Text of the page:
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Countries Consider Post-COVID Building Blocks

Kitty Miv, Editor
03 May, 2021

Although a good many countries and regions are still deep in the throes of the pandemic, a number are now taking stock of their economies, including how to structure and rebuild them once the world returns to some semblance of normality.

In Denmark, for example, the focus – as it is more broadly on an international level – is on tax transparency and fairness, with legislation enacted to introduce a 44 percent withholding tax rate on payments to territories on the EU's list of non-cooperative territories for tax purposes.

In addition, payments to these jurisdictions will not be deductible. The withholding tax would not apply if the taxpayer proves that the beneficial owner of the payment is resident in an EU or EEA state. The changes are to apply from July 1, 2021.

Also with the international drive towards tax fairness in a post-COVID world in mind, the global minimum tax rate proposals floated by the Biden administration in the US have attracted some serious attention, not least from the Irish Government, which has traditionally benefited from its competitive corporate tax rate.

Commenting recently on the suggestion, Irish Finance Minister Paschal Donohoe stated that Ireland remains committed to international tax reform discussions but expressed concerns about the plans.

Donohoe made the comments, at a seminar on international taxation at which he observed that there is "new momentum in these discussions," which is "driven by the strong desire to achieve certainty combined with renewed energy from the new US administration, against the significant backdrop of the pandemic as we look to recovery".

However, he defended Ireland's 12.5 percent corporate tax rate, and argued that countries would need to agree on the political principles that would underlie the concept of a global minimum tax rate, and argued that "small countries, and Ireland is one of them, need to be able to use tax policy as a legitimate lever to compensate for advantages of scale, location, resources, industrial heritage and the real, material, and persistent advantage enjoyed by larger countries."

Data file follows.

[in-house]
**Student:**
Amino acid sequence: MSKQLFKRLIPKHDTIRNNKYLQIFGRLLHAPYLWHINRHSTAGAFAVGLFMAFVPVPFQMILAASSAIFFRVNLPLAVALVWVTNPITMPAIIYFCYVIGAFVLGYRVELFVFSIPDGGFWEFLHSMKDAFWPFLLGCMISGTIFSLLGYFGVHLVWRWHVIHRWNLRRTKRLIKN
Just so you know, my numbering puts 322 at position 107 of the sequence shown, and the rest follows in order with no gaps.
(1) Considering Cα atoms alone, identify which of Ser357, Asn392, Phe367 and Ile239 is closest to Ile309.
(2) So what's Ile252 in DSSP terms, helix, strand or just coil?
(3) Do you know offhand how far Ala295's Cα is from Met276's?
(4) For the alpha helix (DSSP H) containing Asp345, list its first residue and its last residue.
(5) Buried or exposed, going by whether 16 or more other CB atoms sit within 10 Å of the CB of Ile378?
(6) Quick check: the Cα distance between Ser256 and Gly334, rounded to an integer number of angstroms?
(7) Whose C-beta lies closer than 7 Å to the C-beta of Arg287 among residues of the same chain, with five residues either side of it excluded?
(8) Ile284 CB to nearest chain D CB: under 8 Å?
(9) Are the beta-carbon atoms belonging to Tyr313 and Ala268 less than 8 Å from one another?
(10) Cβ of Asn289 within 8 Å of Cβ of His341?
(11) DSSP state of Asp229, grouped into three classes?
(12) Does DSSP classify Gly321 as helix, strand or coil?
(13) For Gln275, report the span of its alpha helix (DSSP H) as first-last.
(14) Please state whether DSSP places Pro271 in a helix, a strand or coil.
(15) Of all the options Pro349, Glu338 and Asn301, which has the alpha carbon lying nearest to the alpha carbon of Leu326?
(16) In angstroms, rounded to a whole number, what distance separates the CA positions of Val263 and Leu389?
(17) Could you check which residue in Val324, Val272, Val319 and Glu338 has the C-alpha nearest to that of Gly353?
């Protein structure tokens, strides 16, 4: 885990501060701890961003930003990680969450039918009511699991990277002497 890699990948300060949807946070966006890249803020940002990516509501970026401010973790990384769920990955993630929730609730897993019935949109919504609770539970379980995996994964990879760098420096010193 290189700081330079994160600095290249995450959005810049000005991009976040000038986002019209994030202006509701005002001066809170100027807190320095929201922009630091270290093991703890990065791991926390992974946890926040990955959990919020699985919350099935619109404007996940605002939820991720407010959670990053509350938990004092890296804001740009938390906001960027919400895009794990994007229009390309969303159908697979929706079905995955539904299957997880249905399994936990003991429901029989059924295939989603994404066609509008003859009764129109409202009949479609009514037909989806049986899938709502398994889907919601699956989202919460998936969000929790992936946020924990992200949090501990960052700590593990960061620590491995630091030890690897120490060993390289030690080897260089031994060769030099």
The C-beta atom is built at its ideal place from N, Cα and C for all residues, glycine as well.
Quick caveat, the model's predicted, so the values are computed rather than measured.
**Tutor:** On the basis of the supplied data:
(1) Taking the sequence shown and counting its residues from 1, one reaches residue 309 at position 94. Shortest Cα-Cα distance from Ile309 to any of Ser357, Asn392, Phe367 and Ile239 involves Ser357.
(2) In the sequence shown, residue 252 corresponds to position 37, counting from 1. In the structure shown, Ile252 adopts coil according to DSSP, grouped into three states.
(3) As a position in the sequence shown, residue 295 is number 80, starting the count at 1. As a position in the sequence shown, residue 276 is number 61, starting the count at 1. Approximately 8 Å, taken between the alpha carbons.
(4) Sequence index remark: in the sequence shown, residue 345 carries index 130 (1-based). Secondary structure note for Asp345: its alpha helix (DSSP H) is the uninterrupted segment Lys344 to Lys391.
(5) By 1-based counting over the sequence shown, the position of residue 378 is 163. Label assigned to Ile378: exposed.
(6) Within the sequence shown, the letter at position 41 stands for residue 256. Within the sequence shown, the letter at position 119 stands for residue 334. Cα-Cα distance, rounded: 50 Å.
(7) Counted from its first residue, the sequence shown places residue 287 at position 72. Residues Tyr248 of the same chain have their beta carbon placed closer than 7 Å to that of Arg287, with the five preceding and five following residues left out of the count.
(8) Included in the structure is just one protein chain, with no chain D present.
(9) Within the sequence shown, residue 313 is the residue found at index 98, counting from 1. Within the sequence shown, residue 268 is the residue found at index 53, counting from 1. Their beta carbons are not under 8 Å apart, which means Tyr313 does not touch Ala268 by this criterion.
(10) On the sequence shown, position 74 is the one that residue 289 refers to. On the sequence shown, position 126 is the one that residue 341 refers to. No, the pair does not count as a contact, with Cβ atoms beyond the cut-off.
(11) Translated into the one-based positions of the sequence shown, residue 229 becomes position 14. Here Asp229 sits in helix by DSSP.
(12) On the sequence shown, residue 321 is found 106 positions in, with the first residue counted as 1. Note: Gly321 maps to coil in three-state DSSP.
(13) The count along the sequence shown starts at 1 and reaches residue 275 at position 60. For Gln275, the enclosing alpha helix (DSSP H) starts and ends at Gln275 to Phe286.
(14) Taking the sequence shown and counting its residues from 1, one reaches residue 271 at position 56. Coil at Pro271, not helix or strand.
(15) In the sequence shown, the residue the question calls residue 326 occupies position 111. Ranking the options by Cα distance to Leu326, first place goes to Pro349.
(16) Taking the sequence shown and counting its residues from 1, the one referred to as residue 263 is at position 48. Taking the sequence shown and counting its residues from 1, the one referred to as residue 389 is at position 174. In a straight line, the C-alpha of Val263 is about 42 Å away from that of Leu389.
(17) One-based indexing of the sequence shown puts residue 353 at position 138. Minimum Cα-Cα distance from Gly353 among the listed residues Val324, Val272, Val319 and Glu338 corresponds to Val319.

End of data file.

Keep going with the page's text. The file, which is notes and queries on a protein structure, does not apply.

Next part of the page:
In Greece, meanwhile, it seems to be all change on the corporate tax front as well, with plans newly announced by Prime Minister, Kyriakos Mitsotakis for tax relief measures to support the economy's recovery from the COVID-19 pandemic, including a permanent reduction to the corporate income tax rate from 24 percent to 22 percent, effective from the 2021 tax year.

The Prime Minister also announced a reduction in advance income tax payments for individual entrepreneurs (to 55 percent, down from 100 percent) and for legal entities (70 percent in 2021 and 80 percent from 2022, down from 100 percent). In addition, he said the Government will extend the three percentage point cut in pension contributions for private sector employees and the suspension of the special solidarity contribution for private sector employees, both for the duration of 2022.

Until next week!


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About the Author


Kitty Miv, Editor

Kitty was born in Argentina in 1960 to a Scottish cattle rancher and his Argentine wife. Educated in Edinburgh and at Princeton, Kitty worked for the World Bank as an economist, where she met and married an emigre Iranian banker. During her time with the Bank, Kitty worked in a number of emerging markets, including a spell in the ex-USSR as a Transition Economies Team Leader. Kitty is now a consultant in Brussels and has free-lance writing relationships with a number of prominent economic publications. kitty@lowtax.net

 

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